Rick Nelson - Stephens Investment Research

Any commentary on the acquisition pipeline, do you intend to stay in contiguous markets and where you see pricing and maybe pricing on the most recent acquisitions, any changes there.

David Meyer

First of all, we like this upper mid west as contiguous market, currently is in our foot print and there is a very robust pipeline of continued acquisition opportunities in this upper Midwest footprint. So that’s where we are focusing on right now.

We continue to have discipline in our acquisition pricing; I don’t think you are going to see much deviation at all in the pricing from what we have done over the several years. So that still remains in line. One thing I have noted here too, we do have a 15% capital gain tax currently this year and into next year. Nothing that happens at all with legislation, that’s going to go up to 20%. So, that’s weighing pretty heavily on a lot of these sellers.

So, I think there are some timing involved here and some of these acquisitions is robust pipeline. Many of these dealers are having a good year this year financially, and but we have got these demographics of age or lack of succession and the increased amount of sophistication still continuing to drive this pipeline, and we are very busy managing all these acquisition candidates right now.

Operator

Your next question comes from Paul Mammola - Sidoti & Company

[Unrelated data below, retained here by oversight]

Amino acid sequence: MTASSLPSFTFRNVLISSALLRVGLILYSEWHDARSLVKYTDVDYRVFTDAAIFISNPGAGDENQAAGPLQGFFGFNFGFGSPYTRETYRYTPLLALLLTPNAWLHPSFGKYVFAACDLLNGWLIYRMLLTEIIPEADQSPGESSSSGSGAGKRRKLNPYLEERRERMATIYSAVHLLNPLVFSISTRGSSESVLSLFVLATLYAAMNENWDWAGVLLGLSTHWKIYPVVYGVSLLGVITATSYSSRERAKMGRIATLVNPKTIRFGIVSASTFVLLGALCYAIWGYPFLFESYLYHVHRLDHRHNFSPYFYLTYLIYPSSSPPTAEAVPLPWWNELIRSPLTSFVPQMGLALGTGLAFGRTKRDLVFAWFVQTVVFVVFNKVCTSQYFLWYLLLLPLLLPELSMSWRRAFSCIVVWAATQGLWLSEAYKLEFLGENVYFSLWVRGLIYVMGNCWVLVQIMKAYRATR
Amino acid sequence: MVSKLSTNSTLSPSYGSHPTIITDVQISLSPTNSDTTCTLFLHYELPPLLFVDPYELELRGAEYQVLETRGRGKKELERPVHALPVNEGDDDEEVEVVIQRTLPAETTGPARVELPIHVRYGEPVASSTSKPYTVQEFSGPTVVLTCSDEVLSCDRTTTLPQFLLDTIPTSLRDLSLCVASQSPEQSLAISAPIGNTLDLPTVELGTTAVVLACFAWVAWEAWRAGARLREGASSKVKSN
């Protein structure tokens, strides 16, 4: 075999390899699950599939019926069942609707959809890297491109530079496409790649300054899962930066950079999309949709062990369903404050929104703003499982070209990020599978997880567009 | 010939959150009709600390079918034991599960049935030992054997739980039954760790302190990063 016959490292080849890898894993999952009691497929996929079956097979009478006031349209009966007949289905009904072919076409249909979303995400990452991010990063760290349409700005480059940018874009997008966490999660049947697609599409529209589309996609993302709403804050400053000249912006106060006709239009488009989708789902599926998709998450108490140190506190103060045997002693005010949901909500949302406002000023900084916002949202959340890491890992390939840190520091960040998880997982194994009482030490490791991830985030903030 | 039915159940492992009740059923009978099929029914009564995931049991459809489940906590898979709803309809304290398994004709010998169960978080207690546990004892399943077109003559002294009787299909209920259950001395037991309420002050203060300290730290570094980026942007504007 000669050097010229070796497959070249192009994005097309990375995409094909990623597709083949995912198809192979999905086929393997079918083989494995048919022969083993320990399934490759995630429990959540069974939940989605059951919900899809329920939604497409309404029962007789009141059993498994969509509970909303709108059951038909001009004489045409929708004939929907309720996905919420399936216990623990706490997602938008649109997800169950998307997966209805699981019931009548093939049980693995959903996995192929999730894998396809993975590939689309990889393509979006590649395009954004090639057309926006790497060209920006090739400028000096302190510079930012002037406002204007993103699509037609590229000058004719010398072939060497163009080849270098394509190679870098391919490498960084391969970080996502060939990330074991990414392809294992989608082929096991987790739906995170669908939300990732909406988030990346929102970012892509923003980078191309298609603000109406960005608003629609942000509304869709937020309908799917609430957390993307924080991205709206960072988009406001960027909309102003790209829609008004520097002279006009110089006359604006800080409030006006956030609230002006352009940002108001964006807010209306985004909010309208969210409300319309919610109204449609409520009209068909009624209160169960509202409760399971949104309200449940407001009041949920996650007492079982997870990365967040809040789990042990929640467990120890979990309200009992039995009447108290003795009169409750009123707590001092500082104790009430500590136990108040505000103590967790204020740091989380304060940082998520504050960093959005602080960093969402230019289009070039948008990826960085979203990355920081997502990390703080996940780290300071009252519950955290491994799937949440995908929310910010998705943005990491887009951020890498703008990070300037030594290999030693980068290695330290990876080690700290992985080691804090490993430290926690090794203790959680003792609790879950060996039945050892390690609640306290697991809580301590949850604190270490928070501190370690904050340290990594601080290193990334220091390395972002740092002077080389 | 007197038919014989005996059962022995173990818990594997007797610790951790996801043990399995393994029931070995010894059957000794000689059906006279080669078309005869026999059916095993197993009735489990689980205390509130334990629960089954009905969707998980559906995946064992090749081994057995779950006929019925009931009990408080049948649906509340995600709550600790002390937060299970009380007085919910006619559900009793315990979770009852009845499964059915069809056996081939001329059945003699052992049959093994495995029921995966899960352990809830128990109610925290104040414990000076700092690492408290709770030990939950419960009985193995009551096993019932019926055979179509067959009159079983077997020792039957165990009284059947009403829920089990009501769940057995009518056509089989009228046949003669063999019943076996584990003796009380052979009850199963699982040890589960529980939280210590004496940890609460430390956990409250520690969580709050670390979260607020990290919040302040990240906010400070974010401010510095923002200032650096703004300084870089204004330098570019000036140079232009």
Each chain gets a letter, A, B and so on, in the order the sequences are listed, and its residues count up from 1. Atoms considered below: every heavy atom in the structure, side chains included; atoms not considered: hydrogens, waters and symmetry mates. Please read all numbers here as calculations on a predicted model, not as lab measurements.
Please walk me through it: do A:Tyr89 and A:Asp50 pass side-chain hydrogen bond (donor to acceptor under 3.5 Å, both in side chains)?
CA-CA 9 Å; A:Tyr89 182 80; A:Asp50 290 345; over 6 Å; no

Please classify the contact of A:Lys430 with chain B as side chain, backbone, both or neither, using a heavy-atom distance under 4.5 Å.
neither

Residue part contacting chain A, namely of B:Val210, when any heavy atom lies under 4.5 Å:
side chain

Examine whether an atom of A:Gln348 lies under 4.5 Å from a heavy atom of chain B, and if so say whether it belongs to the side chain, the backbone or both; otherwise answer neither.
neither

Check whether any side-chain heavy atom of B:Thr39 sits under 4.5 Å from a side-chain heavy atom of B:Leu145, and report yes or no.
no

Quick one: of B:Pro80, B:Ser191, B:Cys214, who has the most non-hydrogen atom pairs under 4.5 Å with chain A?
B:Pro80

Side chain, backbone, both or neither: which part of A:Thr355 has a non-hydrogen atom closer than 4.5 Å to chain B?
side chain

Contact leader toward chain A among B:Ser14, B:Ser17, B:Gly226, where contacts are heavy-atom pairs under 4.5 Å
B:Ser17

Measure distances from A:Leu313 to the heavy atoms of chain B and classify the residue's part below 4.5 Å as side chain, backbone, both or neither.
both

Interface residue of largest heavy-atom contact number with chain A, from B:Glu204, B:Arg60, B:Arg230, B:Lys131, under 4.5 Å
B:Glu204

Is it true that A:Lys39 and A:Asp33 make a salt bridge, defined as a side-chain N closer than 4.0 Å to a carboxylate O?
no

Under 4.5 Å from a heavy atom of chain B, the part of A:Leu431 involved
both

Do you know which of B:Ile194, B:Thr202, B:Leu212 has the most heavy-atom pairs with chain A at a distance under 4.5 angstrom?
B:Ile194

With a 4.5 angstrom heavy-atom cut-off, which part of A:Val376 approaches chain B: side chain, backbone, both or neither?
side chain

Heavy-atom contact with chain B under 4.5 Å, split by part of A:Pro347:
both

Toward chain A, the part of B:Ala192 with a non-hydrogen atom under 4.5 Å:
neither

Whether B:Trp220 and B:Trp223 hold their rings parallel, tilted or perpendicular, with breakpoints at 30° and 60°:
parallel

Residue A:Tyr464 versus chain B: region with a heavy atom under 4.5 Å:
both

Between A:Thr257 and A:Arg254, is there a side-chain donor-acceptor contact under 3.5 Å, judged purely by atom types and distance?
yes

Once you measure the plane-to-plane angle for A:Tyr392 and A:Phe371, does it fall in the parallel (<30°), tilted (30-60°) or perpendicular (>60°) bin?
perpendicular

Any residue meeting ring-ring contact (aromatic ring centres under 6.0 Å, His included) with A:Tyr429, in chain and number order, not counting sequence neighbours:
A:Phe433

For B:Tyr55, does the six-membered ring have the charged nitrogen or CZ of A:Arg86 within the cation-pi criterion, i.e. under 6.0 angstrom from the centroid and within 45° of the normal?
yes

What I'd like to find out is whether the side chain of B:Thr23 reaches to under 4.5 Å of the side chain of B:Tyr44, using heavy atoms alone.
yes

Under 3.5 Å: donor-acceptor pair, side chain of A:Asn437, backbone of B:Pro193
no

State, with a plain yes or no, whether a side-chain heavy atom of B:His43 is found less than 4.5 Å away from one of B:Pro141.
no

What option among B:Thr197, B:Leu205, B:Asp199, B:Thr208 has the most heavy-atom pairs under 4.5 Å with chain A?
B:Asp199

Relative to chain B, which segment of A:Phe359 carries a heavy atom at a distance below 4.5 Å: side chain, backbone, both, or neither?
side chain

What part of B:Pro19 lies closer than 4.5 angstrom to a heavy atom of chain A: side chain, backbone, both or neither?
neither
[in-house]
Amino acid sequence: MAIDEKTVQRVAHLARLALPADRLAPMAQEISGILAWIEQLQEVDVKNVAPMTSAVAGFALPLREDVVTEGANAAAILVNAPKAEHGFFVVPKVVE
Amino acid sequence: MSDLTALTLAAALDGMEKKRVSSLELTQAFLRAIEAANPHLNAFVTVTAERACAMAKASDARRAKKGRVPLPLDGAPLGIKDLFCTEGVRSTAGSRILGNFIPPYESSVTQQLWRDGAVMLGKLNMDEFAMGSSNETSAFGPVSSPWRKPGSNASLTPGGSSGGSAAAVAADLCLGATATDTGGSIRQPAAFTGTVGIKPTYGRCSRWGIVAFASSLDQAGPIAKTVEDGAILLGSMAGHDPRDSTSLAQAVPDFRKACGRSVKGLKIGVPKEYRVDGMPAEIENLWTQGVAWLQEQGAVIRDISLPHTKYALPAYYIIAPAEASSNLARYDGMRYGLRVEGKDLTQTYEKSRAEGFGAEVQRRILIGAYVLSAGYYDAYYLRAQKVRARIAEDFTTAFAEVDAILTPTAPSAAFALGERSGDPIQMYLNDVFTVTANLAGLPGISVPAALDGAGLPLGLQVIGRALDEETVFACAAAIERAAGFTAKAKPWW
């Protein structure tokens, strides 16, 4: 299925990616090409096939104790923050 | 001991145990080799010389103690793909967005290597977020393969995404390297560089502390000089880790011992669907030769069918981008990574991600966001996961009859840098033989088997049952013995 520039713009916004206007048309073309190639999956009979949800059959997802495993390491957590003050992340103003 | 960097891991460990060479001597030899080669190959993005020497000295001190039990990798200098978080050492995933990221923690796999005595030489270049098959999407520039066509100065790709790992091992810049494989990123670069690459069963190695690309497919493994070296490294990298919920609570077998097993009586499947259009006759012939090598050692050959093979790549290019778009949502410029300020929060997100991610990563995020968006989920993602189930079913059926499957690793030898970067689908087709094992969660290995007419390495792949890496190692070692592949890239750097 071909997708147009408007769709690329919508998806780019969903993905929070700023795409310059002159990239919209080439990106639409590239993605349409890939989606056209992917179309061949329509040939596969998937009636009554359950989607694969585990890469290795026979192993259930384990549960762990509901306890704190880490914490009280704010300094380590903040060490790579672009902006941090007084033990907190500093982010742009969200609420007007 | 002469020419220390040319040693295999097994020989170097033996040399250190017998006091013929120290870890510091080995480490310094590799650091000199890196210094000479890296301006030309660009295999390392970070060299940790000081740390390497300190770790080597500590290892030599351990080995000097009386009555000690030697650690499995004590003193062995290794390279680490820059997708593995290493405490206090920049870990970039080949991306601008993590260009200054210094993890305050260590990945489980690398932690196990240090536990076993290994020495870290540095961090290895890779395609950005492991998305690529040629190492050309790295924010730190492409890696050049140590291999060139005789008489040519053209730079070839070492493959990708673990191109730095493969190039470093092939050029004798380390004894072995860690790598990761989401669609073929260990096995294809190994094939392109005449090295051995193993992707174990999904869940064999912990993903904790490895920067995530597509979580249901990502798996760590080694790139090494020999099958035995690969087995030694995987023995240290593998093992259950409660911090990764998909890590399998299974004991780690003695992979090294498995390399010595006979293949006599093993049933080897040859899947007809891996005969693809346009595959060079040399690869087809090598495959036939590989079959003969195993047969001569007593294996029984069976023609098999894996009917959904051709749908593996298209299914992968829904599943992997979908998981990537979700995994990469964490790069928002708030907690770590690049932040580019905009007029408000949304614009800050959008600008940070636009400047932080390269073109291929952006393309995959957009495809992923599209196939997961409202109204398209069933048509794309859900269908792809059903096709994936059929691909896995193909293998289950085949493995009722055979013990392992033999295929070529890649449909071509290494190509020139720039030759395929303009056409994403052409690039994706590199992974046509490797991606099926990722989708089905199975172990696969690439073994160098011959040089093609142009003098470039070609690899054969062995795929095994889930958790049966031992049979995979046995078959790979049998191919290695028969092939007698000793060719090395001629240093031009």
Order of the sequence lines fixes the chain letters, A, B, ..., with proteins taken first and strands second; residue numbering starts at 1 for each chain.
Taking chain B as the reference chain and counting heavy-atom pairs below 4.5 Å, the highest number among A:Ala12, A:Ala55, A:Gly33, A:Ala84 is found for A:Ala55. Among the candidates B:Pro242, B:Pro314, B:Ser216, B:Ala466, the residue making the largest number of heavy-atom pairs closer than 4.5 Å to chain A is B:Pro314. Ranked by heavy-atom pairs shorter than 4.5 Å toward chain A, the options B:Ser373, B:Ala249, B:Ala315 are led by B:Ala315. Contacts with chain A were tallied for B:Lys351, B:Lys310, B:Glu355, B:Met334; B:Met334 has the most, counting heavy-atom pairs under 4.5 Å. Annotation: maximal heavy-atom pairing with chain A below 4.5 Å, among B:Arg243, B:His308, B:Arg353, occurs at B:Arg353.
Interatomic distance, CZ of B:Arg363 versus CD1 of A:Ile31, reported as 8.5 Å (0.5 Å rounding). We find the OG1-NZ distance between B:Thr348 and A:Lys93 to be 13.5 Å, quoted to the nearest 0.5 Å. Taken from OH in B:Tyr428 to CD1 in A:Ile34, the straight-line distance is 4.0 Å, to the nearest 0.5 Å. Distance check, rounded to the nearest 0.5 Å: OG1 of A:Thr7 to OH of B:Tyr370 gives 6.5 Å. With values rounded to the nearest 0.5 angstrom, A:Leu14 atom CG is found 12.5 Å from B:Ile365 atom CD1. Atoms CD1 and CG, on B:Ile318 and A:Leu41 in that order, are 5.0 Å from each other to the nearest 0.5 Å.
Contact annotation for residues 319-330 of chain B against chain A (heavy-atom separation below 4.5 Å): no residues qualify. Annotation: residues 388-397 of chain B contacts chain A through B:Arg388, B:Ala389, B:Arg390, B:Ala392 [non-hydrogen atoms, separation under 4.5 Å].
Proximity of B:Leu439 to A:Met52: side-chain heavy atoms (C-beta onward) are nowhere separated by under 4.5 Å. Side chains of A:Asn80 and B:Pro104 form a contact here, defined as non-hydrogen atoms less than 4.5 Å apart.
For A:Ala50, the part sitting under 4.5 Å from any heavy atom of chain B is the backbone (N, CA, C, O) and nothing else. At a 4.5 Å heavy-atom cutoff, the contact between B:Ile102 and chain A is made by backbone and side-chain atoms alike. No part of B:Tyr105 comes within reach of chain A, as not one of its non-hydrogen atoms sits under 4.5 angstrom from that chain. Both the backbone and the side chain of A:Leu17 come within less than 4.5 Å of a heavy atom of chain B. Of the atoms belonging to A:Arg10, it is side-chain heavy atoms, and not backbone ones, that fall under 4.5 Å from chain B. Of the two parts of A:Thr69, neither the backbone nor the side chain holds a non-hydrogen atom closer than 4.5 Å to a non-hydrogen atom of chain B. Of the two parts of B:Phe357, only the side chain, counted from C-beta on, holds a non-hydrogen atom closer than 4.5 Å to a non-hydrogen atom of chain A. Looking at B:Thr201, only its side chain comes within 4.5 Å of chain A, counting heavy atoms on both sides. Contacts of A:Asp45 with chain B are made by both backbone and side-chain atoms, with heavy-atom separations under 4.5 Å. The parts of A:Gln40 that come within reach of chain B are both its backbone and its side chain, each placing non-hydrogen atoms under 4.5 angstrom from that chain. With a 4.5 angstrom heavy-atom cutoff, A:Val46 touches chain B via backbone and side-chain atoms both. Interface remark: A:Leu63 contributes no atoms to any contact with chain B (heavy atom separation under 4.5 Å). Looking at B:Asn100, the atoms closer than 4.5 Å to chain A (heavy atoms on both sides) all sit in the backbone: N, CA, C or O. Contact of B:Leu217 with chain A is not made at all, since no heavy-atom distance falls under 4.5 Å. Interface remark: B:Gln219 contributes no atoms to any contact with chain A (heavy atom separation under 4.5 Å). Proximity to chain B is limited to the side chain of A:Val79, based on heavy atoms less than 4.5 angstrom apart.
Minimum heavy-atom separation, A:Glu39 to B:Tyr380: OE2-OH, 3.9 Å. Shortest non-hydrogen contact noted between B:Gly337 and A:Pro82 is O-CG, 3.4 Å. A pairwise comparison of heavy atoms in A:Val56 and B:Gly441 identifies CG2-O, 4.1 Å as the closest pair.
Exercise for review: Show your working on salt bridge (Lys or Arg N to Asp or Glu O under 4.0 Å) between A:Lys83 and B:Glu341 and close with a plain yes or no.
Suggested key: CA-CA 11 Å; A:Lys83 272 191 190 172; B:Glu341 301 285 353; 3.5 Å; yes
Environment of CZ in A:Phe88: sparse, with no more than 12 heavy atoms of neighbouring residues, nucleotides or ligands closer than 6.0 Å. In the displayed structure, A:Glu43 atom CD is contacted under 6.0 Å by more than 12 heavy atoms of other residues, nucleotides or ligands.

Paul Mammola - Sidoti & Company

Given the late harvest you talked about Dave, did you see the spill over of some parts in service revenue into November is that fair to say

David Meyer

There is two kinds of parts and service business we took. When the growers are in the field, they break down, and then we are all doing the parts and service business. So we are pretty much at their call, and when there is down time, we were 7x24 keeping them up in the field, and so that extended that period of time into November.

Then what we have been very successful at our stores is what we call as our off season uptime maintenance program, where we do some pretty sophisticated inspections on tractors and commons, we are bringing them in and give recommendations for further repair. So that business is going to be delayed and put on there, so you see a lot of your maintenance, your preventative maintenance, a lot of our repairs, and combines, you are looking at a lot of your wear items get replaced, and that off season maintenance program.

So, what we did was a little bit longer period of time where we have in the field repairs that went longer, but then our off season maintenance are going to start later. So the end result is not a measurable change from what we are going to see normally.

Paul Mammola - Sidoti & Company